After pausing, master 201 determines whether additional data needs to be transferred, step 350. If additional data does need to be transferred, the master and slave again synchronize themselves, step 310. However, if no additional data needs to be transferred at the current moment, both master 201 and slave 202 wait until data does need to be transferred. This is shown in FIG. 3 by continuously repeating step 350 until additional data does need to be transferred. If data does need to be transferred at some future time, the above steps are repeated to transfer the data.

FIG. 4 is a flowchart showing the method followed by master agent 201 in performing a data transfer in one embodiment of the present invention. When data needs to be transferred either to or from slave 202, master 201 initially pauses and drives SCLK line 212 high, step 405. This pause provides slave agent 202 with the necessary period of time to store any data which was received in a previous transfer, as discussed above in step 330. In one mode of operation, the pause of step 405 is at least 50 microseconds (μs). Master 201 need not perform step 405 if a 50 μs pause was incurred after a previous data transfer.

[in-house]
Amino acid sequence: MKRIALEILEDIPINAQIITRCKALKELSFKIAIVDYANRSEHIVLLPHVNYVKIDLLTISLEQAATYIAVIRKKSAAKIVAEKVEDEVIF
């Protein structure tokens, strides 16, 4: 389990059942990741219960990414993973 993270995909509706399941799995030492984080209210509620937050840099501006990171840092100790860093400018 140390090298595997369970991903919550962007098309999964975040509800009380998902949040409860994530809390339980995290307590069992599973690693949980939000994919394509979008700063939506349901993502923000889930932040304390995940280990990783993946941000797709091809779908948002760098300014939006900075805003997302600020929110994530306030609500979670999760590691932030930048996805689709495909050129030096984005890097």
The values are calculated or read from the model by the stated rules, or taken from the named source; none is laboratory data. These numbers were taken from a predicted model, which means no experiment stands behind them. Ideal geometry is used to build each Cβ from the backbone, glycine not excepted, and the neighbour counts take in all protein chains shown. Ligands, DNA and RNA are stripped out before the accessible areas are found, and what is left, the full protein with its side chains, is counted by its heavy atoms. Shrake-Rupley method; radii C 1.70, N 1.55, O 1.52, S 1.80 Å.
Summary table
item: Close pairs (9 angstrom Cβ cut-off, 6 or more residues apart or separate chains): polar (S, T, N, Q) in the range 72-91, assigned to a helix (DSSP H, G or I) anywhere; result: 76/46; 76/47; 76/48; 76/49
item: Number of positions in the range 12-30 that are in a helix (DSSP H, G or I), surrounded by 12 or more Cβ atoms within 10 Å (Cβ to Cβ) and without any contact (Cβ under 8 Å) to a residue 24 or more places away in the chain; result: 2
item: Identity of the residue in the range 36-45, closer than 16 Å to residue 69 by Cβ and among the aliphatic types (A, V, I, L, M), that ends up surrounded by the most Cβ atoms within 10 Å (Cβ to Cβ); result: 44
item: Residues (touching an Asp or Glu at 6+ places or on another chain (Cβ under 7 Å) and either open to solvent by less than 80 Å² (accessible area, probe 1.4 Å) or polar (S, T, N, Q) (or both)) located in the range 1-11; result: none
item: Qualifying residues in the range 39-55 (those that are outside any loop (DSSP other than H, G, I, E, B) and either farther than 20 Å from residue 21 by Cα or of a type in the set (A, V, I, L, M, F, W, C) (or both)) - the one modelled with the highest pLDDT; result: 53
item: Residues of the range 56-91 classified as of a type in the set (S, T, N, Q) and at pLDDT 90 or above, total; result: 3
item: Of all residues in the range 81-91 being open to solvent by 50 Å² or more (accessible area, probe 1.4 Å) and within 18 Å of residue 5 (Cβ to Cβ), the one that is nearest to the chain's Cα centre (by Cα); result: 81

The pause of step 405 also provides master 201 with the opportunity to perform other tasks. Master 201 may have other system tasks to perform in addition to communicating with slave 202. For example, master 201 may be in communication with another device over different communication lines, such as a second slave agent. Thus, master 201 can communicate with other devices between data transfers to slave 202 during this pause at step 405.

When master 201 is finished pausing and needs to perform a data transfer, it determines whether SDATA line 214 is in a high state, step 410. Master 201 tristates data port 206 (if it isn't already tristated), thus SDATA line 214 goes to a high state if slave 202 is present and ready for synchronization, as discussed in more detail below. If SDATA line 214 is high, then master 201 proceeds with the synchronization by tristating SCLK line 212, step 440 below.